SX Wealth Proprietary Analytical Approach

In This Guide

  • Overview of SX Wealth’s objective, tested, and proven algorithms
  • SX Wealth’s approach to adjusting algorithms for volatility

We are objective traders and analysts relying on testable and proven mathematical approaches to speculative trading.  We’re not specialists in subjective and untestable methods.  We’re not looking for triple diamond chart formations with an inverted dragonfly.  Nor are we looking to pick bottoms based on the positions of planetary movements, or the shape and sequence of price “waves.”

Have you ever noticed that there is a lot of subjectivity in defining a price “wave,” and that those who pursue wave “counts” are always revising those counts? 

In our many decades of market experience, we’ve witnessed the largest and most spectacular losses coming from those who relied on subjective analysis.

Yes, we’ve seen subjective traders obtain success. From our perspective, they were simply good traders who had solid trading instincts regardless of their analytical approach—they had a knack for maximizing opportunity when things happened to go their way and for minimizing losses when things weren’t working out. 

Good trading habits, namely maximizing opportunities and limiting losses, and optimally allocating trading capital and sizing positions, are fundamental reasons for success. These traders don’t follow the latest esoteric fad in subjective analysis, nor do they plunge in with all their capital on the latest hot pick, nor do they hold positions with substantial losses hoping that those positions will return to profitability. 

Another important reason we eschew subjective approaches is that they cannot be objectively tested. And without objective testing, traders tend to end up with haphazard and inconsistent approaches to market analysis and trading. Consistency is a key to long-term, sustained trading success.

Objective, tested, and proven algorithms.

We strongly prefer to pursue objective approaches that can be tested on real data, to develop and reinforce good trading habits.  Past performance is not entirely predictive of future results, but the majority of successful trading professionals rely on objective, tested, and proven algorithms rather than subjective divinations.

We designed our proprietary algorithms to profitably track market trends while reducing the frequency and number of the inevitable false signals that are an unavoidable consequence of a trend-following approach.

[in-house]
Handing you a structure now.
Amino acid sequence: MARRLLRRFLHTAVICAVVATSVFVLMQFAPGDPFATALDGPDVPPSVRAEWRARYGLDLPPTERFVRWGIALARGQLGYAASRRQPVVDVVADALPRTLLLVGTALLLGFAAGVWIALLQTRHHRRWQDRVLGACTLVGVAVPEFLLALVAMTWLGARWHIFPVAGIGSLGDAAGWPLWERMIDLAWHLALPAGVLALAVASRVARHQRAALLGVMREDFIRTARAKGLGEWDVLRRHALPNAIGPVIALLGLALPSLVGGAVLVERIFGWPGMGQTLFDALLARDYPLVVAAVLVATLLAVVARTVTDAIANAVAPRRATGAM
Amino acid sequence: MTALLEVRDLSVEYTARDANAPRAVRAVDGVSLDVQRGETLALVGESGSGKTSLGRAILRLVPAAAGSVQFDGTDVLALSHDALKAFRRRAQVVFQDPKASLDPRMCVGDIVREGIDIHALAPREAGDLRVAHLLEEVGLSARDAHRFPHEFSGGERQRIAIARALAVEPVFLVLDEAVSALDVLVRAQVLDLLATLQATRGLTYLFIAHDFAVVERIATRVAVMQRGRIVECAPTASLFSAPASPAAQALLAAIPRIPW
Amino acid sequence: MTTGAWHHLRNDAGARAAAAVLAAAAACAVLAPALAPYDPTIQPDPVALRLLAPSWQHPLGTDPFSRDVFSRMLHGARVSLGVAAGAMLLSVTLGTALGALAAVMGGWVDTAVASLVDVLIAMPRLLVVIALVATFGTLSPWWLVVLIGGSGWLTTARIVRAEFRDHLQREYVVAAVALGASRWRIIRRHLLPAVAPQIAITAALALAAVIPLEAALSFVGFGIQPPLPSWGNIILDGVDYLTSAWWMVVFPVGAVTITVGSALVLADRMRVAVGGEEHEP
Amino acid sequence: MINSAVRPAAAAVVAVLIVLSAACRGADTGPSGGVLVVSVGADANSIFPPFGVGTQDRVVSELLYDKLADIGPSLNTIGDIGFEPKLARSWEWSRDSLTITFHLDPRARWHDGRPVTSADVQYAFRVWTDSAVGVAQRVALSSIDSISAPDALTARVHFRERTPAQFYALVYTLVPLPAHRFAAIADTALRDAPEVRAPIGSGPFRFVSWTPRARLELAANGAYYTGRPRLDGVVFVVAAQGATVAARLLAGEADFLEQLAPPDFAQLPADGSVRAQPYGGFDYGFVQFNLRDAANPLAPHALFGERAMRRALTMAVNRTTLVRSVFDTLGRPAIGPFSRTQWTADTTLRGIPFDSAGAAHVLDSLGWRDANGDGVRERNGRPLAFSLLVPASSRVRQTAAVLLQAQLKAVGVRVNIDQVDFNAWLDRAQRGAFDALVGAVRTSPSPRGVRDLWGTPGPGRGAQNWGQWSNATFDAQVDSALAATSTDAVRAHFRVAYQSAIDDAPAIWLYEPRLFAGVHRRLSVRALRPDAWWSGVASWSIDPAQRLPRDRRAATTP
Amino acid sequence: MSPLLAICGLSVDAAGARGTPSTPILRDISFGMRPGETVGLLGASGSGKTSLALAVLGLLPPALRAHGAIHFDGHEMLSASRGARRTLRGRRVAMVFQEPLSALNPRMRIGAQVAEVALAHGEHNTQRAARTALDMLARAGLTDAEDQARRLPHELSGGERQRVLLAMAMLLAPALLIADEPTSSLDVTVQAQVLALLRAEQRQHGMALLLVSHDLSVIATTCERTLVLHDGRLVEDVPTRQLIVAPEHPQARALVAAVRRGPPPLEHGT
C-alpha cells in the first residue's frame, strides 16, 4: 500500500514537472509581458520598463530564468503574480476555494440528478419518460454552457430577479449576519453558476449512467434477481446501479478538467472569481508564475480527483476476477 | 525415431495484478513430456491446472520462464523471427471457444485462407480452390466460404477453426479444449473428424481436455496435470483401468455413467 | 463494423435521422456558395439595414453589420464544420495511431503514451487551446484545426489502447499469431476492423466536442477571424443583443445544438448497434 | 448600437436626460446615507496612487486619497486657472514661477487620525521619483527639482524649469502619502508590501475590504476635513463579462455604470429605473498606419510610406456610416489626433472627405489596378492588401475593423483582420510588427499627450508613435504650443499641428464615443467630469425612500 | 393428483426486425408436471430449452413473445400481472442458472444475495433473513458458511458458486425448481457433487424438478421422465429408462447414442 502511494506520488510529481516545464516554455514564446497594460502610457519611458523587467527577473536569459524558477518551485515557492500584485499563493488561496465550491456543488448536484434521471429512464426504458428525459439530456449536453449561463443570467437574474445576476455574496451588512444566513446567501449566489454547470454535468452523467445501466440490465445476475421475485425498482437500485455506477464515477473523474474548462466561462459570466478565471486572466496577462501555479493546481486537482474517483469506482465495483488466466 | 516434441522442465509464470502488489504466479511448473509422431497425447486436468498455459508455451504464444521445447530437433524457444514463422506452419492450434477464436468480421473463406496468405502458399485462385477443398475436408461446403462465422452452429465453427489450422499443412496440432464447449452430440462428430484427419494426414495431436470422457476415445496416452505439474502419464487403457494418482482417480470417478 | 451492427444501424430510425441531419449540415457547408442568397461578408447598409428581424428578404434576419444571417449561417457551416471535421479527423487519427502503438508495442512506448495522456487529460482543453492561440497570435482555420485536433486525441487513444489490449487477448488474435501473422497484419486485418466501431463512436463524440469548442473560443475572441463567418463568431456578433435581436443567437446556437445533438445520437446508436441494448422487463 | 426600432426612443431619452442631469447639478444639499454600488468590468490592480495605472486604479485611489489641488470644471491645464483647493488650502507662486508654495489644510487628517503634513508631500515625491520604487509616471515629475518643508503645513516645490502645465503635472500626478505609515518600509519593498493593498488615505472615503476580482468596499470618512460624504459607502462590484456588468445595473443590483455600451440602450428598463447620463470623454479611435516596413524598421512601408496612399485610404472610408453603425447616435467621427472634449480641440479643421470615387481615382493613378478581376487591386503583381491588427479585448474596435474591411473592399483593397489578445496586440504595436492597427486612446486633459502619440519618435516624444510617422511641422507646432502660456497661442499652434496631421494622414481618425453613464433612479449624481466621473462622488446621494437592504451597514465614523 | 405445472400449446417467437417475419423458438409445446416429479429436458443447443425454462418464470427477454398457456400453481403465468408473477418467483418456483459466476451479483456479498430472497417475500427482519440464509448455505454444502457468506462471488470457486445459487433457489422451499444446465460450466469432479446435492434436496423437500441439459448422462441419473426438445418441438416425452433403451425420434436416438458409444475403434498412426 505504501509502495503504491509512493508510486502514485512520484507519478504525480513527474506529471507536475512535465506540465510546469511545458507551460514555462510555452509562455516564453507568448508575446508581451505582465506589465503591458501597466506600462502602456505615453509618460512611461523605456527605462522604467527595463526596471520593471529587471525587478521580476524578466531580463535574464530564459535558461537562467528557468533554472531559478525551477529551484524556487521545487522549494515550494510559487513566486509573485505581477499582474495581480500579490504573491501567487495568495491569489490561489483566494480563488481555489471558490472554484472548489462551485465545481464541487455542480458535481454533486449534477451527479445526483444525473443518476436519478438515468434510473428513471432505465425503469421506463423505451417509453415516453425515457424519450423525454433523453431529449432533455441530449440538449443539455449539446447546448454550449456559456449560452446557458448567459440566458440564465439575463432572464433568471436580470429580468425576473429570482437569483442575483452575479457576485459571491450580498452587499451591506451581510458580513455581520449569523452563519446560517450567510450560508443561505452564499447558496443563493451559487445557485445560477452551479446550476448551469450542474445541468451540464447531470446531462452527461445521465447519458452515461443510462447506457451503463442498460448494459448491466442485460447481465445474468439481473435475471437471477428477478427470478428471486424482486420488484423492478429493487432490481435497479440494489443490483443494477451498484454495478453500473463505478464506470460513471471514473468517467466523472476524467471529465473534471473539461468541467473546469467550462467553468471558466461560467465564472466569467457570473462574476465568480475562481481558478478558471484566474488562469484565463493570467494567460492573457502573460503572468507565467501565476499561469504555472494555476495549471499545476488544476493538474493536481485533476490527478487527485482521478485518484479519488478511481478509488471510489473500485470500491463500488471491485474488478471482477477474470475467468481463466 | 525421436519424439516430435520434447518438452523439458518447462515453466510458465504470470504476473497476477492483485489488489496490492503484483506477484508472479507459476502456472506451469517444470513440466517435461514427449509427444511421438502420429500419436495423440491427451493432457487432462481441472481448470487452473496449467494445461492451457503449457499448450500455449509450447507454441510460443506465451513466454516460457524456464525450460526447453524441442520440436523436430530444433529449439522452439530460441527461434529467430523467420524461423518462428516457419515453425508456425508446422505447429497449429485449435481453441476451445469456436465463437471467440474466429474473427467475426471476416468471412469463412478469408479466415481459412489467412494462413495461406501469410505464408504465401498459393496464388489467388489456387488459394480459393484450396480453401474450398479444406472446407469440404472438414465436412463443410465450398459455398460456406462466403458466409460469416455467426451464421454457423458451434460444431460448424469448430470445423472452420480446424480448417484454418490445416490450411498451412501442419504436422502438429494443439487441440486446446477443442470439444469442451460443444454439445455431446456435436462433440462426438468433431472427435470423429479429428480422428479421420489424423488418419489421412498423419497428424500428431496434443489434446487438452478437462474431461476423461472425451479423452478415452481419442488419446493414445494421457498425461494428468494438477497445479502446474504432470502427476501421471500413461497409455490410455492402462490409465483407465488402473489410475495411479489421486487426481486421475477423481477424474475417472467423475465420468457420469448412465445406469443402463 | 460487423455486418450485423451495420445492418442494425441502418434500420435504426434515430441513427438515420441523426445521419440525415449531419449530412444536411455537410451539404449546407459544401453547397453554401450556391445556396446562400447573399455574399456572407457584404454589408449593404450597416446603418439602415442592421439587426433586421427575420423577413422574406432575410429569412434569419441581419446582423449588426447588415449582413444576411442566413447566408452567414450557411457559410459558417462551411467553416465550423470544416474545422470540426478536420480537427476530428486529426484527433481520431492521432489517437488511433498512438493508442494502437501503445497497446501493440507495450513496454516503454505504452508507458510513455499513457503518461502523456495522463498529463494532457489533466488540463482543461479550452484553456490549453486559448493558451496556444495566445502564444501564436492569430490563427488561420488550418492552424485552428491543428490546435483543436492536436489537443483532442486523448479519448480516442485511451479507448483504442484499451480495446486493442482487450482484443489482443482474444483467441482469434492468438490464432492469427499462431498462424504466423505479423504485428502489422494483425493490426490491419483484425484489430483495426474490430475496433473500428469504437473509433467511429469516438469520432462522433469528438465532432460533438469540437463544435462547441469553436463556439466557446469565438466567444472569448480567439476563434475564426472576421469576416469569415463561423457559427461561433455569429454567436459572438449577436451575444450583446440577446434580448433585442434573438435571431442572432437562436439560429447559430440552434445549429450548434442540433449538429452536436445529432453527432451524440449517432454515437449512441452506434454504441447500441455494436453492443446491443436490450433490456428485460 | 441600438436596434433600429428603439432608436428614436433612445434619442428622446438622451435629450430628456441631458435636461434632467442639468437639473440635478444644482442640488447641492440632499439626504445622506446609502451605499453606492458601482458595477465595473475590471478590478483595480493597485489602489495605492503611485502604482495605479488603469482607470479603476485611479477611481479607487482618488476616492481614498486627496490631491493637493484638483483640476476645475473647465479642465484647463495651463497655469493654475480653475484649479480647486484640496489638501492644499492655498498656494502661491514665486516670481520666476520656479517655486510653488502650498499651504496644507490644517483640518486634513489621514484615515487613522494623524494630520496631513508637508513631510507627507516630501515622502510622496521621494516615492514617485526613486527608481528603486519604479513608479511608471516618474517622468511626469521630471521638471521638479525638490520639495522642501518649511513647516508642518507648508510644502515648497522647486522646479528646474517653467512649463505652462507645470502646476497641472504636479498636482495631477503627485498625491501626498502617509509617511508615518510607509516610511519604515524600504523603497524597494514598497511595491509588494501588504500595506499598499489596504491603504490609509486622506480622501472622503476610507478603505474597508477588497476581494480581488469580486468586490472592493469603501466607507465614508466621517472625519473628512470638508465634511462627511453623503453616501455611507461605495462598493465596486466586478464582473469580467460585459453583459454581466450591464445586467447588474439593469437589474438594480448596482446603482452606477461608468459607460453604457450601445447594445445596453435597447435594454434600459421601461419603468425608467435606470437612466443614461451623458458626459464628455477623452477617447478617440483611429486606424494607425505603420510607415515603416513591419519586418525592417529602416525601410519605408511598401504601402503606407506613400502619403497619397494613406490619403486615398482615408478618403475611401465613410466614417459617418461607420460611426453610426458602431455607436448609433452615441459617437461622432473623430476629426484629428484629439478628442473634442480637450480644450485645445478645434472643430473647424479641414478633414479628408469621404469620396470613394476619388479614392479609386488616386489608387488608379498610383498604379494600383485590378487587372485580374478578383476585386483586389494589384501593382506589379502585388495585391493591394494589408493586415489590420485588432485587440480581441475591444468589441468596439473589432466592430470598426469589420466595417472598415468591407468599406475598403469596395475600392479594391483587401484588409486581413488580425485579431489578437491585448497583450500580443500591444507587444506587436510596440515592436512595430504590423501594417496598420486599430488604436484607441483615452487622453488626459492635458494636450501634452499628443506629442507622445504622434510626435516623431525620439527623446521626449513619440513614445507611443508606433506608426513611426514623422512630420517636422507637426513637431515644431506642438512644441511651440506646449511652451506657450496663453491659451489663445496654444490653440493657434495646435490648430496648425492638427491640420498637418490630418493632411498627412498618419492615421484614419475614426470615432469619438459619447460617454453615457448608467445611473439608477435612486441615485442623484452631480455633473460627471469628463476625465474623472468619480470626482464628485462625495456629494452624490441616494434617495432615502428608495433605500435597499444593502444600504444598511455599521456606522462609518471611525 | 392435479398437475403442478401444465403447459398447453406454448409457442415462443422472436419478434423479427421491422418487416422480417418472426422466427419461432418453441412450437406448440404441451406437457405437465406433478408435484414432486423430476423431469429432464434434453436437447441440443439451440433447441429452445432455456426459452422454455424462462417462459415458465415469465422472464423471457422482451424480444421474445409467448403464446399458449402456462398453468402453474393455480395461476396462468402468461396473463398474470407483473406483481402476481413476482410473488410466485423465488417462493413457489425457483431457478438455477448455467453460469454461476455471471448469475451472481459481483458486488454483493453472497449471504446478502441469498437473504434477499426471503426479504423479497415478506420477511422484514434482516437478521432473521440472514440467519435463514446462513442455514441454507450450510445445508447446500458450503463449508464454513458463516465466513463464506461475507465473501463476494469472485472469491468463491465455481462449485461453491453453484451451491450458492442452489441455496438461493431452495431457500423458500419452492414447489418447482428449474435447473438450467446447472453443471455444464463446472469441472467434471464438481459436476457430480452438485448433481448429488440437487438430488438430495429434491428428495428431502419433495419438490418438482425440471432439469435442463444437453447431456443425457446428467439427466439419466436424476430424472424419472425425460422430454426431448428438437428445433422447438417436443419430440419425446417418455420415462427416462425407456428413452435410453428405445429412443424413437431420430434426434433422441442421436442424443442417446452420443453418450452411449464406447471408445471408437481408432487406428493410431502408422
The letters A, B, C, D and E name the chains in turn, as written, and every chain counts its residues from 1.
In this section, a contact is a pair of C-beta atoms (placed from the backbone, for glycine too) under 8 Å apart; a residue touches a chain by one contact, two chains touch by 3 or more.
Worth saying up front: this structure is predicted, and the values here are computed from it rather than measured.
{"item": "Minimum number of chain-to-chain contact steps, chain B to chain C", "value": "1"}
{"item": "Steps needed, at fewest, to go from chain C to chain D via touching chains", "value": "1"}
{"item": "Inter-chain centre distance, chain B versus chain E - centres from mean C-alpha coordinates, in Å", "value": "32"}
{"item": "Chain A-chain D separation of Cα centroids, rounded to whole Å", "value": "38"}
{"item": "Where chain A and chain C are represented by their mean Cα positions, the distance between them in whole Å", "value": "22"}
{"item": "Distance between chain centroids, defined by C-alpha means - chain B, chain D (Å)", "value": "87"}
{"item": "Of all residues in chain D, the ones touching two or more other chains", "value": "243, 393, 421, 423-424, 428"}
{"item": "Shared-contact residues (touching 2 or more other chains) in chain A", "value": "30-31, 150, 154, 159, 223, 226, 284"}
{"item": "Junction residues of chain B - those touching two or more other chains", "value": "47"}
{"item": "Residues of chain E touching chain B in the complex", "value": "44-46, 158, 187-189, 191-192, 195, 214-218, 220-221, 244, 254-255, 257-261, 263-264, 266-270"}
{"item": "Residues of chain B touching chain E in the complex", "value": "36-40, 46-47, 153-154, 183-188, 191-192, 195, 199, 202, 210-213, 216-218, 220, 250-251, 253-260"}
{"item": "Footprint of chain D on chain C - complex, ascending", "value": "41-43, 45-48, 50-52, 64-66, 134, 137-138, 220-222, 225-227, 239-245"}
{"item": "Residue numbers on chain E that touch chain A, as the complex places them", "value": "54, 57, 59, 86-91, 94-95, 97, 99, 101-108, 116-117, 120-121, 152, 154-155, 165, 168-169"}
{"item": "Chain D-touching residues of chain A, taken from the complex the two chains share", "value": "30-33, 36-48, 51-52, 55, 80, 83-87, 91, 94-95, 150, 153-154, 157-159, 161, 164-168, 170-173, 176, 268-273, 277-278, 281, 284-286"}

We use a variety of techniques to adjust algorithms by the amount of volatility in the market or by the degree of trending “energy” that’s present.  An excellent example of the benefits of this approach is our volatility-adjusted moving averages (VaMA). 

What is a volatility-adjusted moving average? 

Market prices, unfortunately, contain a lot of noise.  The majority of price movements are meaningless noise, and the objective of a trend-following analyst is to isolate the actual signal from all of that noise.  Moving averages are a standard approach to teasing-out the signal from the noise. 

Average values exhibit less “wiggle” compared to their underlying price series. Yet, anyone who has experience with moving averages knows that the trade-off for the benefit of the smoothness of the averaging process is the penalty of the delay of those averages. Greater accuracy is terrific, but it doesn’t add value if those signals come too late or are out of synch with the market. 

The longer the sample size for the average (e.g., the larger the number of days in an average), the smoother the average will be.  But this comes at the cost of increased delay.  The larger the sample size, the smoother the signal, and the later the signal. 

When markets are trending, we don’t need as much smoothness, and in that circumstance, shorter-term averages work better. When markets aren’t trending, we need more smoothness as longer-term averages are less apt to generate false signals in trend-less environments.

To meet these twin goals, we use moving averages adjusted by volatility to reduce delay when prices are trending and to accentuate smoothness when trends are absent.  Our algorithms effectively shorten the length of moving averages when markets exhibit greater trending energy and extend the effective length when trending energy is on the wane.  The adjustment reduces the “noise” in the average.  Less noise results in less false moves by the average when a market is not trending. Which, in turn, reduces the frequency of false signals.

For an example of the benefits of this approach, while conducting extensive research to develop our proprietary models, we tested some conventional moving averages alongside our volatility-adjusted averages. The tests included a 50-day simple moving average and a classic 10-day / 40-day moving average crossover system. Using the same historical price data set, the traditional approaches using those simple moving averages generated more than 4 times as many false signals as our proprietary volatility-adjusted two moving average crossover system.